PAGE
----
Guide to Emergency Procedures

A look at the M/Y Serenity's emergency procedures.

EMERGENCY PROCEDURES
M/Y Serenity
November Hotel Golf Whisky 8
MMSI 366924365

IF THE VESSEL OR A PERSON IS IN GRAVE AND IMMINENT DANGER AND IMMEDIATE ASSISTANCE IS REQUIRED:
VHF (GMDSS)
• Check VHF is on. If not depress green button on handset.
• Remove handset from wall unit.
• Lift plastic lid, on wall unit, covering orange button.
• PRESS AND HOLD THE ORANGE "DISTRESS" BUTTON FOR 5 SECONDS.
• Wait and listen for an acknowledgement.

Then:
• Press red "CH 16" button.
• If "LOW" is displayed on screen, press "HI/LO" button.
• PRESS TRANSMIT BUTTON, and say slowly and clearly:
MAYDAY, MAYDAY, MAYDAY
This is Serenity, Serenity, Serenity.
Mayday Serenity, November Hotel Golf Whisky Eight. MMSI 366924365
• My position is …. (latitude and longitude using GPS).
IF YOU DON'T KNOW, DON'T GUESS!
• I am …. (sinking, on fire etc.)
• I require immediate assistance
• I have … (number of persons on board, any other information – drifting, flares fired etc.)
• Over
• RELEASE THE TRANSMIT BUTTON and listen for an acknowledgement.
• KEEP LISTENING ON CH 16 FOR INSTRUCTIONS
IF AN ACKNOWLEDGEMENT IS NOT RECEIVED, THEN REPEAT THE DISTRESS CALL PROCESS FROM THE BEGINNING.

Ways of Calling for Help
• Continuous sounding of the foghorn
• Rockets throwing red stars fired one at a time at short intervals
• Hand held red flares or parachute flares
• Smoke signal giving off orange smoke
• Morse code …---… (SOS) send by any means
• Signal send by radio using the spoken word MAYDAY
• Slow and repeated raising and lowering of arms at each side
• GMDSS – DSC Distress Alert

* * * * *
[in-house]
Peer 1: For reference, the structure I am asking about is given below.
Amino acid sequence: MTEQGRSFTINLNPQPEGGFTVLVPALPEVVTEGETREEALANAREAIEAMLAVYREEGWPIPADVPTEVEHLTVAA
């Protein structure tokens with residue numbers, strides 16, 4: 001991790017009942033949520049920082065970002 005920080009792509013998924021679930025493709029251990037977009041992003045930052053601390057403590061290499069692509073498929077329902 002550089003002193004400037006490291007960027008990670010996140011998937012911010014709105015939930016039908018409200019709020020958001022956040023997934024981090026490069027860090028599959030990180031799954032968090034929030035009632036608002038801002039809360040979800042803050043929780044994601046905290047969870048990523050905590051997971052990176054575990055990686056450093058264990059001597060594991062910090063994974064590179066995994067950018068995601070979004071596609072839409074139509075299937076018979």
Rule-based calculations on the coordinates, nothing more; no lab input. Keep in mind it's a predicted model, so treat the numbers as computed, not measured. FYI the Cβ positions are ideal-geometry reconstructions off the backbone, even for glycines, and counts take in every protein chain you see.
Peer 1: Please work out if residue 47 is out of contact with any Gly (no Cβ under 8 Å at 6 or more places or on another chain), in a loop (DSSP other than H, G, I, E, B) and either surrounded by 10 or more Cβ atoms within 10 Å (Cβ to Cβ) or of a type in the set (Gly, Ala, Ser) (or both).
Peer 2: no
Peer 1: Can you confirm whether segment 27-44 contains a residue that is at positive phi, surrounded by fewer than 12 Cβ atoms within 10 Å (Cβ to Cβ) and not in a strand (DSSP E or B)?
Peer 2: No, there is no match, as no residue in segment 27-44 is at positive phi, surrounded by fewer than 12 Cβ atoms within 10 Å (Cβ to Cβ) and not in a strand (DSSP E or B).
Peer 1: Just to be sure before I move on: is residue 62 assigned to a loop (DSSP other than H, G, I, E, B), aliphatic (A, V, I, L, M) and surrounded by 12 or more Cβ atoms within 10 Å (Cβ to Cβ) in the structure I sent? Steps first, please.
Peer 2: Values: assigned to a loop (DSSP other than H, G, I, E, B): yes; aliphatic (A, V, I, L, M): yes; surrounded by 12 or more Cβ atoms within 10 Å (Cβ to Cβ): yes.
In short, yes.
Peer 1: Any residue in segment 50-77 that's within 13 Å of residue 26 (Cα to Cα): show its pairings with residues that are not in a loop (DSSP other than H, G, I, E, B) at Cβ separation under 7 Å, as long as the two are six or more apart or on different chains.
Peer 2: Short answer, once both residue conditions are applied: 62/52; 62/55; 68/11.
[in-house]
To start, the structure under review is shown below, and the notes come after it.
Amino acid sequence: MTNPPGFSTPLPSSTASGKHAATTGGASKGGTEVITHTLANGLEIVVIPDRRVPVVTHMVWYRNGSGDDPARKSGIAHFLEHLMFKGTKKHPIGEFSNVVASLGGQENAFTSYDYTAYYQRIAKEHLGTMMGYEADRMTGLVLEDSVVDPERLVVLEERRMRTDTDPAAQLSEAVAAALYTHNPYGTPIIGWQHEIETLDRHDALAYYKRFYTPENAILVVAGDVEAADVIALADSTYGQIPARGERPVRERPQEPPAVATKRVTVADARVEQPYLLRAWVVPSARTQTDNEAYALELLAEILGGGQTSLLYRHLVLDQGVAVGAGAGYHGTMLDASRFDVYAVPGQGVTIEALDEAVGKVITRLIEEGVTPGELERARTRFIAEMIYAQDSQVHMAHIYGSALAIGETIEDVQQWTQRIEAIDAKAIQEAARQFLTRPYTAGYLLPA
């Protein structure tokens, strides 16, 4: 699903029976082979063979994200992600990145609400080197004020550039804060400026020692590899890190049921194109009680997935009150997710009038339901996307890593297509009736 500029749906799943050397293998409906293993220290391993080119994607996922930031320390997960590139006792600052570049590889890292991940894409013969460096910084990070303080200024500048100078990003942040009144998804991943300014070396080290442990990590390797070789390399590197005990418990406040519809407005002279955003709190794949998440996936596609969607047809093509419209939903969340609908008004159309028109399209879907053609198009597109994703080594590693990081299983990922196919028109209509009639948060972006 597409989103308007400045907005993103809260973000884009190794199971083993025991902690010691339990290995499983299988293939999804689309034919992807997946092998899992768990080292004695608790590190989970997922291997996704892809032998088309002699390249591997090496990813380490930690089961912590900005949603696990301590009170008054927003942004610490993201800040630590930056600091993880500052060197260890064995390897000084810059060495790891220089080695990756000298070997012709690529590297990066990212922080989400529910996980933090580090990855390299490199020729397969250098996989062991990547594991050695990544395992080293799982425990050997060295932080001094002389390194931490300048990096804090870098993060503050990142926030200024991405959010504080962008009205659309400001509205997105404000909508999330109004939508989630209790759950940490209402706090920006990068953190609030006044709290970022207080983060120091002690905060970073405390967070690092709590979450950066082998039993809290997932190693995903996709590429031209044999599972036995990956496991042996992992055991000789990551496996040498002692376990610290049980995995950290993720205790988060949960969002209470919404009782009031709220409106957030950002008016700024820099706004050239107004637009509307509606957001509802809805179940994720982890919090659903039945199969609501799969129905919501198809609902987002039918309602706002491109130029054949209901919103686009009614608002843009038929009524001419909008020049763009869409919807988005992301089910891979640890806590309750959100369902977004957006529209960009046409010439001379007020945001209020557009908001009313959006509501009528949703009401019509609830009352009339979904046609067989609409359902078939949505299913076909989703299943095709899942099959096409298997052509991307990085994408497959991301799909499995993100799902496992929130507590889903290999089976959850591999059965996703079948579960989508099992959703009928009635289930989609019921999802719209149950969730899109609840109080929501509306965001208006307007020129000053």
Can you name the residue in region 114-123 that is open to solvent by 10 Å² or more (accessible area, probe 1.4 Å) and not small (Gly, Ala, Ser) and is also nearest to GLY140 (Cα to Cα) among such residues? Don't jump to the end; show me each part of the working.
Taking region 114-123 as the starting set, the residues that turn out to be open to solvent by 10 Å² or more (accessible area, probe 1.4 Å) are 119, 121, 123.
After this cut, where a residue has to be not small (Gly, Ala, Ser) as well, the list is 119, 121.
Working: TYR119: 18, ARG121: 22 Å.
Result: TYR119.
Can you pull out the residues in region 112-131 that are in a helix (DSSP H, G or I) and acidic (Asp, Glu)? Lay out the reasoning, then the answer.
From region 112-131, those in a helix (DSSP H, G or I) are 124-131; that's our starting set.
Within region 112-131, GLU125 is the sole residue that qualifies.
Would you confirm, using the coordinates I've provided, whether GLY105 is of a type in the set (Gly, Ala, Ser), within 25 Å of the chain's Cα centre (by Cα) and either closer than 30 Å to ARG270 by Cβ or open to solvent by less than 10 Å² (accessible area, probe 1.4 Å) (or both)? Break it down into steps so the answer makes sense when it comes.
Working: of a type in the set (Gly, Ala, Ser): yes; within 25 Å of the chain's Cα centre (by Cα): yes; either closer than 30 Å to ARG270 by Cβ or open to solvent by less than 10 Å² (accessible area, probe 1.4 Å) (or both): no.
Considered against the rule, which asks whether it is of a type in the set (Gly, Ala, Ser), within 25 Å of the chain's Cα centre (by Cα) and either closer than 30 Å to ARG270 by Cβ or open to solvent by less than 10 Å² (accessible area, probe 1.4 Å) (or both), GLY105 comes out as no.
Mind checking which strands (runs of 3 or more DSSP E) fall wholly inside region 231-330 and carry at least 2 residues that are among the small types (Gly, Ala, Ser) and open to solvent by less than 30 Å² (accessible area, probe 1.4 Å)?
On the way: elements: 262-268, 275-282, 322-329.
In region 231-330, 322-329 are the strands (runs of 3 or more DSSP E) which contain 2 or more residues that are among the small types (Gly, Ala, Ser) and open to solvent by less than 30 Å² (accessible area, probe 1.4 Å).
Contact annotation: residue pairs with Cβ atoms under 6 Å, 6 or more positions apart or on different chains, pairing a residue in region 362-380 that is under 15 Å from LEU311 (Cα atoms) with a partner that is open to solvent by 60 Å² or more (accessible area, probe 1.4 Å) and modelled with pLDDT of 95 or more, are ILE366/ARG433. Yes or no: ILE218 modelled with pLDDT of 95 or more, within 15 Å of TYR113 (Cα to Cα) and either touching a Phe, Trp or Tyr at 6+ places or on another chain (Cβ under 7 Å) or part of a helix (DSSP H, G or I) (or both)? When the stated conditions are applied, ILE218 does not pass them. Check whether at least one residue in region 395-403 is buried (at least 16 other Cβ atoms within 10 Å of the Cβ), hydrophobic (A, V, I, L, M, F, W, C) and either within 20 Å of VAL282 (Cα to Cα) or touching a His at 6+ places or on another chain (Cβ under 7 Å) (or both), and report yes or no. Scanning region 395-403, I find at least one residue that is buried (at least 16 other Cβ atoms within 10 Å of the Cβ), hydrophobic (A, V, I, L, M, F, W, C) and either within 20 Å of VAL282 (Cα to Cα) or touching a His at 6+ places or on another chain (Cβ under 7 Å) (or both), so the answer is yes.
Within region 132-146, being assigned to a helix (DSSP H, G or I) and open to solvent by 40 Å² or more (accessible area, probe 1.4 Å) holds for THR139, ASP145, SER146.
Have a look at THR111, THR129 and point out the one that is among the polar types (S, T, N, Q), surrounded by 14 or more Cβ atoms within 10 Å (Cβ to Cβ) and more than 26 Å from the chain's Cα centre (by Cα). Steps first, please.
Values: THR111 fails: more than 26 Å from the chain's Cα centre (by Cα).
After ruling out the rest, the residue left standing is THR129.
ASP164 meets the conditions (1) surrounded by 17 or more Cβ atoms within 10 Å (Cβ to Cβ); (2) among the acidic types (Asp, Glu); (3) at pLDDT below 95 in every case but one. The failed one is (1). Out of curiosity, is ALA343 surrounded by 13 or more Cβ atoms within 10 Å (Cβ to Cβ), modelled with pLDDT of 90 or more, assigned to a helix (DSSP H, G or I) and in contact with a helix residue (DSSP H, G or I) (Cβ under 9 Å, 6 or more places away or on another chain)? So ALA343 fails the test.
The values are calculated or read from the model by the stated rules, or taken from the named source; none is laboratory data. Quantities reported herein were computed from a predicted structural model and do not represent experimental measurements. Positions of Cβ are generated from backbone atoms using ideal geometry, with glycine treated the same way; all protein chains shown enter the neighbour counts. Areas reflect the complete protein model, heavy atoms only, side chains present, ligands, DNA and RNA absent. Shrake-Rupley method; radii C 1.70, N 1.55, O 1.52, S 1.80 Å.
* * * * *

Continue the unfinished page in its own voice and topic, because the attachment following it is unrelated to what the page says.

• EPIRB transmitted signal
• International code flags N and C
• Square flag with, above or below it, a ball or anything resembling a ball
• Gun or explosive signal fired at intervals of about 1 minute
• Flames on the foredeck (as from a burning tar barrel)!

The full list of Distress Signals is given in Annex IV of the Rules of the Road (International Regulations for Preventing Collisions at Sea).

How to perform CPR (Cardiopulmonary Resuscitation):
Lay the casualty flat on his back and use the ABC's as a memory aid:

A = Airway
B = Breathing
C = Circulation
D = Defibrillation (if available)

Airway – Check this is clear with a finger sweep then lift the jaw and tilt back the head
Breathing – Keeping the airway open, check for breathing (look, listen and feel). If there is no breathing, start resuscitation. Give two slow breaths, watch the chest rise and allow for exhalation between breaths. Check the pulse in the neck. If breathing is absent but a pulse is present, continue artificial ventilation 12 times per minute, checking the pulse every 3 minutes.
Circulation – If no pulse, give cycles of 15 chest compressions (rate 80 to 100 compressions per minute) followed by 2 slow breaths. Check the pulse after every four cycles.
Defibrillation – Not all boats have them but if yours does now is the time to use it.

For more information, read Capt. Michael Howorth's "Rescue Me" from our March 2012 issue.